Inside Job: A Mystery Short Story

May 21, 2016 | 2016 Articles, Mysteryrat's Maze, Terrific Tales

by Guy Belleranti

The story Inside Job was first published in the January 3, 2006 issue of Woman’s World Magazine.

I brought the big car to a screeching stop in front of the small, neatly landscaped house. My partner, Detective Danny Dayton, was standing under a streetlight with a uniformed cop.

“Forensics and the M.E. are on the way, Connie,” Danny told me. “Apparently, the victim, Regina Croft, returned home from shopping and surprised a burglar. Her body and groceries are blocking the front door. Follow me around back, and I’ll get you inside.”

I followed. The scene was as Danny described. The victim, a middle-aged woman, lay just inside the front door, a bag of spilled groceries spread around her.

“Any witnesses?” I asked.

Danny shrugged. “The patrolman out front says the folks on both sides and the lady across the road all heard screams. They’re waiting in their homes for our questioning.”

I raised my eyebrows. “Then I guess we better get started.”

Wayne and Marcy Miller were first. The 60-something couple lived next door.

“We understand you heard screams,” I said.

“Sure did,” Wayne Miller replied. “It was just getting dark, and I was nodding off in my recliner. Marcy was out back taking out the trash.”fireplace

“There were two screams,” his wife said. “I nearly had a heart attack. I ran back inside and found Wayne putting on his coat.”

“I was pretty sure the cries came from Regina’s place, and I thought I better go check on her,” Miller explained.

“And?” I asked.

“And I did. George Fairly, the young fellow living on the other side of Regina, was outside. He yelled that he’d seen someone running away, and took off. I rang Regina’s bell and called out, but got no answer.”

“Then what?” Danny asked.

“I tried the front door. It would only open far enough to get a head in. Regina’s body was pressed against the inside, blocking it.”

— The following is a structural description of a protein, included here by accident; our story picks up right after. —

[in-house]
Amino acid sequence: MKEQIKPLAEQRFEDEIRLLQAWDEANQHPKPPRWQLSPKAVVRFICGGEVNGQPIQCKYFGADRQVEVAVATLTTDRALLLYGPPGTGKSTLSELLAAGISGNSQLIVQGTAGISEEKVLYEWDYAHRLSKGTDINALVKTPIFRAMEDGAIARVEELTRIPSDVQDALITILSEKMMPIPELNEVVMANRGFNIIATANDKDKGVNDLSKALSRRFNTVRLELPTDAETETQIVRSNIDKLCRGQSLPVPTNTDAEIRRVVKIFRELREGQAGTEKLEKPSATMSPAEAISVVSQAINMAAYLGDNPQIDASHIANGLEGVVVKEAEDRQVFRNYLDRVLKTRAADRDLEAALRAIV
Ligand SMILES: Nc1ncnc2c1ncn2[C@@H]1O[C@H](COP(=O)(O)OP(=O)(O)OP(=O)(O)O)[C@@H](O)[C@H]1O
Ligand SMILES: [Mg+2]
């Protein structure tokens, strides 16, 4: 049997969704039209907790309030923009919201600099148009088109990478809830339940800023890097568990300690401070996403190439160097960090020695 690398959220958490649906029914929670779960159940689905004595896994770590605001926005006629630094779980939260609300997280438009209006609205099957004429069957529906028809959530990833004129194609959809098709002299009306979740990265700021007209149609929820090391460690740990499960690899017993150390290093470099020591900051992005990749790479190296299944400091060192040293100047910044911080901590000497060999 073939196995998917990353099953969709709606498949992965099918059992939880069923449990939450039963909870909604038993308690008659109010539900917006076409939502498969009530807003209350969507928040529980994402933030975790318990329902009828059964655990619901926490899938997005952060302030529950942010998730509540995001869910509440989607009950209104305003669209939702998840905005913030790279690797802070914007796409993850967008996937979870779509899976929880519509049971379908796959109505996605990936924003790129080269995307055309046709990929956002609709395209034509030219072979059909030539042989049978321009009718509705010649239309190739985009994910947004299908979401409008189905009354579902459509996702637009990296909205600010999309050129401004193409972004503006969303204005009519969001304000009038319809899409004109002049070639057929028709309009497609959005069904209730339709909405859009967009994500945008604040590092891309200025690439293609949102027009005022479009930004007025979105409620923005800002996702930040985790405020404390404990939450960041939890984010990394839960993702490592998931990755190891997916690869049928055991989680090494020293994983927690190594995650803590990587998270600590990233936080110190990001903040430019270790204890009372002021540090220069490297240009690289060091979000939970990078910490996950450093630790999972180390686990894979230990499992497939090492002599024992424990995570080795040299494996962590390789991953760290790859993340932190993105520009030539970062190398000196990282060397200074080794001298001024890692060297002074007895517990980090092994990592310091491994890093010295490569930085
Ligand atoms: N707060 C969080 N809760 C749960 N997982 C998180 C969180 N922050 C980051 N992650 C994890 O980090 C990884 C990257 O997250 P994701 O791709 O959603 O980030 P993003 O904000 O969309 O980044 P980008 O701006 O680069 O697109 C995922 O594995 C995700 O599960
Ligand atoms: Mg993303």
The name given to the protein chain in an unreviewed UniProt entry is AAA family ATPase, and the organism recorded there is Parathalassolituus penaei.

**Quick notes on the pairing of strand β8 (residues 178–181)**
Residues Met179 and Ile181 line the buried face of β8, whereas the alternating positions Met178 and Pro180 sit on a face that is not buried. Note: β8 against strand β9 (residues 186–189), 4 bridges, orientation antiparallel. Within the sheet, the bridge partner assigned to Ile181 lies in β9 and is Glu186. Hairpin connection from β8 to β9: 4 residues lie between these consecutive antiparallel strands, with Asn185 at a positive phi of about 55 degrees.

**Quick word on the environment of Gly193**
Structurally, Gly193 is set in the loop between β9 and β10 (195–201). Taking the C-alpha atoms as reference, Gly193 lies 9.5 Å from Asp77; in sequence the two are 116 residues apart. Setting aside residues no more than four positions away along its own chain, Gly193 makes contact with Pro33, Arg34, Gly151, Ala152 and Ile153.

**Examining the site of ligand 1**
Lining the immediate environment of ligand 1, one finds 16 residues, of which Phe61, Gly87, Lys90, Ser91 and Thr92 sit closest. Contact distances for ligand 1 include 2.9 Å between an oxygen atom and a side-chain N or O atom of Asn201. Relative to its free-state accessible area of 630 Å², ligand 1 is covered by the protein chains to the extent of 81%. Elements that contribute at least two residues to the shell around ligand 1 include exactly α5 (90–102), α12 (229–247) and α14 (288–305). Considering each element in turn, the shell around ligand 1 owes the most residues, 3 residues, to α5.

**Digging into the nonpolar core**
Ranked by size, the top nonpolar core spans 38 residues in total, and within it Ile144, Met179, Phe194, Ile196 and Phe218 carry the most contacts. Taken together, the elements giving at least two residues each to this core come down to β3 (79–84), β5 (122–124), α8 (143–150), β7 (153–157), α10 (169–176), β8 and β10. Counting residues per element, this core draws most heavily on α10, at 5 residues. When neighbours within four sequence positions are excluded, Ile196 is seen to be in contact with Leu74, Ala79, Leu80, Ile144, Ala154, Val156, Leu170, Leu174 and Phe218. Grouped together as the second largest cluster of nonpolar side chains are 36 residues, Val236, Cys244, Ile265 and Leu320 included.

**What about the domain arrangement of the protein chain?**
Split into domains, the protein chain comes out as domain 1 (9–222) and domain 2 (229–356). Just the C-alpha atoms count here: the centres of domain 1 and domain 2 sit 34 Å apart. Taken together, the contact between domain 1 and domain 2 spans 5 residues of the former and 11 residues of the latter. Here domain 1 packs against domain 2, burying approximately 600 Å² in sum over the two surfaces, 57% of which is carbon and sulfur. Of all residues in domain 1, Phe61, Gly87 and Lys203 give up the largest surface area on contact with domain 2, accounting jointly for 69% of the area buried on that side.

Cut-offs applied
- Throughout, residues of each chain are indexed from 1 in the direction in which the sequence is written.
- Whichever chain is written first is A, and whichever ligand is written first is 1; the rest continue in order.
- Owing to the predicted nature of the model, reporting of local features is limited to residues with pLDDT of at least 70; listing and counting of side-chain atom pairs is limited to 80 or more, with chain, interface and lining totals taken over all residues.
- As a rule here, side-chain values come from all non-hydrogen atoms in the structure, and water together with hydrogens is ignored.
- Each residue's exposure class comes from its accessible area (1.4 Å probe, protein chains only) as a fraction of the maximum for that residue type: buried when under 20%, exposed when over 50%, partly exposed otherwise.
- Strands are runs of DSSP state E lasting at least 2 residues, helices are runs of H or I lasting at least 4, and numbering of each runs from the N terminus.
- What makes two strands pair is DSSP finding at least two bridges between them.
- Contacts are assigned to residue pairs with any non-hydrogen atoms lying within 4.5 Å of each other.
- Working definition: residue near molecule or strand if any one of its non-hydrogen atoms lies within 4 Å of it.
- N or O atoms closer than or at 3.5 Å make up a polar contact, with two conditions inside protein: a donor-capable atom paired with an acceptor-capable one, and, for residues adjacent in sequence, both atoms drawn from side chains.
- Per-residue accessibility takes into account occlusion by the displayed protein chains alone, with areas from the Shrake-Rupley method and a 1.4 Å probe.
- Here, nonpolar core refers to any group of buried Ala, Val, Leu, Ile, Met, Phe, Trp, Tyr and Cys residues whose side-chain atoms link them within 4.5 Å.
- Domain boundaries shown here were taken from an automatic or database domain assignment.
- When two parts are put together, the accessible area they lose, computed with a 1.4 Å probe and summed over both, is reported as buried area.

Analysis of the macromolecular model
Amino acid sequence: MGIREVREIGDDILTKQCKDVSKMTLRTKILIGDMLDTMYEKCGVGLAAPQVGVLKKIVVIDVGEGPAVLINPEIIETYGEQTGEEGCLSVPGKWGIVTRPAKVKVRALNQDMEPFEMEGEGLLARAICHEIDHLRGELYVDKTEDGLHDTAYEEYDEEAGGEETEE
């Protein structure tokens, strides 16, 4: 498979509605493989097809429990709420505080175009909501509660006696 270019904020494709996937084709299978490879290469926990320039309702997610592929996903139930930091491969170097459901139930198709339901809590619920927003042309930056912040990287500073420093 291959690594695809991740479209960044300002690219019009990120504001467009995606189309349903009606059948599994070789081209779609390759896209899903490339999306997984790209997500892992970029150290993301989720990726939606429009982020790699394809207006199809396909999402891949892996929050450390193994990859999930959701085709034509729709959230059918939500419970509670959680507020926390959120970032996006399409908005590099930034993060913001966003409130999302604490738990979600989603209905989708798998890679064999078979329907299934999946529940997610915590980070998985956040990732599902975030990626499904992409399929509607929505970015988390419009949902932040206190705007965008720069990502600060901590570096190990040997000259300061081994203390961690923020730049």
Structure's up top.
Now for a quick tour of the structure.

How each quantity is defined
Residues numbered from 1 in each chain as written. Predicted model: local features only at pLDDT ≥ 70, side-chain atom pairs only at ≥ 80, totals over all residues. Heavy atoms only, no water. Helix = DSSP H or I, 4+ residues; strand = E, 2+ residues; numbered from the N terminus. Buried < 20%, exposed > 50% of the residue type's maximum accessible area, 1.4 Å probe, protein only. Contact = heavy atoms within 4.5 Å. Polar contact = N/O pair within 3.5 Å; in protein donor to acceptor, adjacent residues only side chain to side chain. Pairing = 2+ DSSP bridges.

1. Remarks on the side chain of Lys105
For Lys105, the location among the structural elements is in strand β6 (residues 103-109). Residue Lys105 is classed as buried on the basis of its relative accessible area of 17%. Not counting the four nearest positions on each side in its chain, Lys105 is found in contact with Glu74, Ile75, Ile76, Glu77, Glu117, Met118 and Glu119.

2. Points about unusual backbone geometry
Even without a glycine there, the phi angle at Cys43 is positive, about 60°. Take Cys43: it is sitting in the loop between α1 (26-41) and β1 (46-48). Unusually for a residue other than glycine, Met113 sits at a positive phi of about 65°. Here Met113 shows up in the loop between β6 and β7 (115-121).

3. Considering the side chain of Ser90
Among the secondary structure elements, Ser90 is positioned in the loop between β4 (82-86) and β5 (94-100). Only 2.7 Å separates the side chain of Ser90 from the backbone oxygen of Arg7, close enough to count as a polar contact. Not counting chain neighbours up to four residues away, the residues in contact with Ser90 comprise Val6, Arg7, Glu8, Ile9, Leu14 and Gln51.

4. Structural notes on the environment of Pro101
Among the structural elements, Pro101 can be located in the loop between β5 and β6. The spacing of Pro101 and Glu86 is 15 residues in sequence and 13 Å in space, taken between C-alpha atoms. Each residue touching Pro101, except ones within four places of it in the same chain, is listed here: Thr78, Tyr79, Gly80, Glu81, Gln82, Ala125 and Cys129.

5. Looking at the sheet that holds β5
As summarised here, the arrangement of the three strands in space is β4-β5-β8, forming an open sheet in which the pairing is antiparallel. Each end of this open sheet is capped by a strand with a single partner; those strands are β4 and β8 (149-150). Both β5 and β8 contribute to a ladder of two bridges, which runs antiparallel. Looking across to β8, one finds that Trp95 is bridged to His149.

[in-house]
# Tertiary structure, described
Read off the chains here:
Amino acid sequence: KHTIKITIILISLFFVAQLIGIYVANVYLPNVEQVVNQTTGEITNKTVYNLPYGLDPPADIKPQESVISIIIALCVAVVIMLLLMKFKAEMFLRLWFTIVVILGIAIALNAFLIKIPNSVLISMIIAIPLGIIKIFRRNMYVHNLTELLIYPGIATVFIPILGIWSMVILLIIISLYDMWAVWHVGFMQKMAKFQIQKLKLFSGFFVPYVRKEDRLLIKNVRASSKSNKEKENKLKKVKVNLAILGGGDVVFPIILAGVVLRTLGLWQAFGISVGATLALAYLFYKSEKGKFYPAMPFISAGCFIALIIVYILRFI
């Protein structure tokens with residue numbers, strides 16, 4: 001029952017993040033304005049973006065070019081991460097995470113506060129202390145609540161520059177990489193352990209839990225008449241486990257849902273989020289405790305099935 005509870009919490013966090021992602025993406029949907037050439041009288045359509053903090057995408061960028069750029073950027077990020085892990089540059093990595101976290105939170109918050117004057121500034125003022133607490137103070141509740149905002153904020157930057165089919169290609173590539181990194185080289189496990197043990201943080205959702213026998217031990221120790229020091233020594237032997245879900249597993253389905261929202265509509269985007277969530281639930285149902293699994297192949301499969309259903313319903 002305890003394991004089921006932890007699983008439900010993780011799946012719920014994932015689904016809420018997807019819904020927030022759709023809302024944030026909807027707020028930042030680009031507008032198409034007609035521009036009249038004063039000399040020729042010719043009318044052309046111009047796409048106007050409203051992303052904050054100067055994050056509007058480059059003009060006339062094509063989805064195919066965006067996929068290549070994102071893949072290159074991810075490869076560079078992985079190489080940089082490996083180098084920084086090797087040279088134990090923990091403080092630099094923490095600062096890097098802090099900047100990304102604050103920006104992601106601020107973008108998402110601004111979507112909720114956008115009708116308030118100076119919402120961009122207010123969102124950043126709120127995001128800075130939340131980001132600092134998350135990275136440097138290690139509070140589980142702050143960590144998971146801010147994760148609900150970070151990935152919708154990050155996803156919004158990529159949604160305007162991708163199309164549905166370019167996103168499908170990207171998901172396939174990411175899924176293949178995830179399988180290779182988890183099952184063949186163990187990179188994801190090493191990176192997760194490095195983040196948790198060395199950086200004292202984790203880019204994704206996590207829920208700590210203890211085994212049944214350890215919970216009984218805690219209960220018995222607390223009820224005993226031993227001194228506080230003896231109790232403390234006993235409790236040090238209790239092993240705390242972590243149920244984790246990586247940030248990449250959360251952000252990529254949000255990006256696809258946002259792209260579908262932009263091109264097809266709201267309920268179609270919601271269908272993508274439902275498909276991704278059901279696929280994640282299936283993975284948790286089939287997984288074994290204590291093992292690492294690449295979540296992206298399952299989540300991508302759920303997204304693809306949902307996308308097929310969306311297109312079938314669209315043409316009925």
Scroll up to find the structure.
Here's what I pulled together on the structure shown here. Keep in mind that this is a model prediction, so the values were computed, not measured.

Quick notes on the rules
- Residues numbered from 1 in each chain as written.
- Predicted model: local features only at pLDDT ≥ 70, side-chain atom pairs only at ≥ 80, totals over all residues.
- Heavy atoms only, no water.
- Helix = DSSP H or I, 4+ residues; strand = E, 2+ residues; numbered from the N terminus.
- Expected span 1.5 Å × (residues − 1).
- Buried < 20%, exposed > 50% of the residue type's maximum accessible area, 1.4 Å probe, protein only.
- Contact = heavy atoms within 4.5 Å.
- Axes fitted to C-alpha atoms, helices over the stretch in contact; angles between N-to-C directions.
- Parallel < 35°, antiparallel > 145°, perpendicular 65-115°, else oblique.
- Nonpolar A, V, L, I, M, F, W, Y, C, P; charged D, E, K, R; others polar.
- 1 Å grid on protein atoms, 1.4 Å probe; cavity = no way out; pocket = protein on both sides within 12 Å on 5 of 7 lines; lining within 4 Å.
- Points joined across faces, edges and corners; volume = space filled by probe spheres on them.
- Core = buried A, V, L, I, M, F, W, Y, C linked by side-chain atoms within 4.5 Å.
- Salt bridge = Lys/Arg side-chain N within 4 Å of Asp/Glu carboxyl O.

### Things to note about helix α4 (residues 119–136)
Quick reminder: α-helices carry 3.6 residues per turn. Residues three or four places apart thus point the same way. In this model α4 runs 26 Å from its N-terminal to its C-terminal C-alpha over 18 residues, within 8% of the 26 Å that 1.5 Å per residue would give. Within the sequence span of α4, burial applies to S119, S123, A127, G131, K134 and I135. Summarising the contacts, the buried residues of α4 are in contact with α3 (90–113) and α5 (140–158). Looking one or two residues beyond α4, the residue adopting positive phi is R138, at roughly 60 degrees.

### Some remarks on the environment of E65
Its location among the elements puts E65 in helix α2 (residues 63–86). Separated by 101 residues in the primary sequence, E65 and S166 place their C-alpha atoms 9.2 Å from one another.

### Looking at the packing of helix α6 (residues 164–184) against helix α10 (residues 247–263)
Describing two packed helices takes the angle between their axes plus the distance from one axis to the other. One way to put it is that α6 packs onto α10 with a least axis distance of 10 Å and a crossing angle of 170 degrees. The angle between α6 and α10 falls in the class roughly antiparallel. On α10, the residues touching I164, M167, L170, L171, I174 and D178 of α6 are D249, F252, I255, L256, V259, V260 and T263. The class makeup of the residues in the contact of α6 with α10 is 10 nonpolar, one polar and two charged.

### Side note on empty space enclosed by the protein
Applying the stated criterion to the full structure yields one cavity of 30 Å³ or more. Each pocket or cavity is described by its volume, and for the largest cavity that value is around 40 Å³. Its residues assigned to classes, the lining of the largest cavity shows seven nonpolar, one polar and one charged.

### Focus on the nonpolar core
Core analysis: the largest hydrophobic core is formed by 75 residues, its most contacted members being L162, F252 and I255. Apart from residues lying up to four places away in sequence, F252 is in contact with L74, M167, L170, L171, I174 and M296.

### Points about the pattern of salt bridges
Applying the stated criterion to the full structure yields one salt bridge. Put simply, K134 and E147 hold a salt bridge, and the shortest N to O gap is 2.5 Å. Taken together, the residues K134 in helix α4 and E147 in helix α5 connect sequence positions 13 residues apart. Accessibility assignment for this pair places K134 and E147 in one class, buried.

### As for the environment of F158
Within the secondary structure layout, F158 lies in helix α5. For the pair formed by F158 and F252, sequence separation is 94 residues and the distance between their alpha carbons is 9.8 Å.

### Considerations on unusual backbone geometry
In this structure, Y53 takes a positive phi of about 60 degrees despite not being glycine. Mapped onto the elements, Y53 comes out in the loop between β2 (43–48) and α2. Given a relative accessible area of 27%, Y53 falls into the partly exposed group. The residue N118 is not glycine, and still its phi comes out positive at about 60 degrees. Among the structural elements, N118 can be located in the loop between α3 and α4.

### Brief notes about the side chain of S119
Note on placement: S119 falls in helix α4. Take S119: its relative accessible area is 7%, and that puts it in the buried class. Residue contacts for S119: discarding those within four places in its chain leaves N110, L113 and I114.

A heavy-set woman charged toward us as we left the Millers, and asked. “Are you the police?”

I smiled. “Yes. Detective Perosi, and this is Detective Dayton. You are–”

“Sandra Bishop. I live across the street.”

“Anything to tell us?” I prodded.

“Yes — unless Wayne and Marcy already did. It must be about all that money and jewelry Regina had.” jewelry

Danny and I exchanged glances. “No, they didn’t say anything about that,” I said.

“Hmm. Well, Regina recently inherited a lot of valuable coins and jewelry.”

“Who knew this?” asked Danny.

“The Millers, George Fairly, most of the neighbors, I guess.”

“Can you tell us anything else?” I asked.

Sandra Bishop stuffed her hands in her coat pockets and shook her head. “Only that I heard some terrible screams come from Regina’s place. Maybe George Fairly, Regina’s other next-door neighbor knows something.”

Fairly invited us inside, nodding when I gave the Miller’s account of hearing the screams and going over to investigate. “Wayne went to check on Regina, and I tried to pick up the creep’s trail.

“Pick up the creep’s trail?” Danny asked. “What do you mean?”

“Regina’s cries pulled me outside just in time to see someone run out her front door.”

“Man or woman?”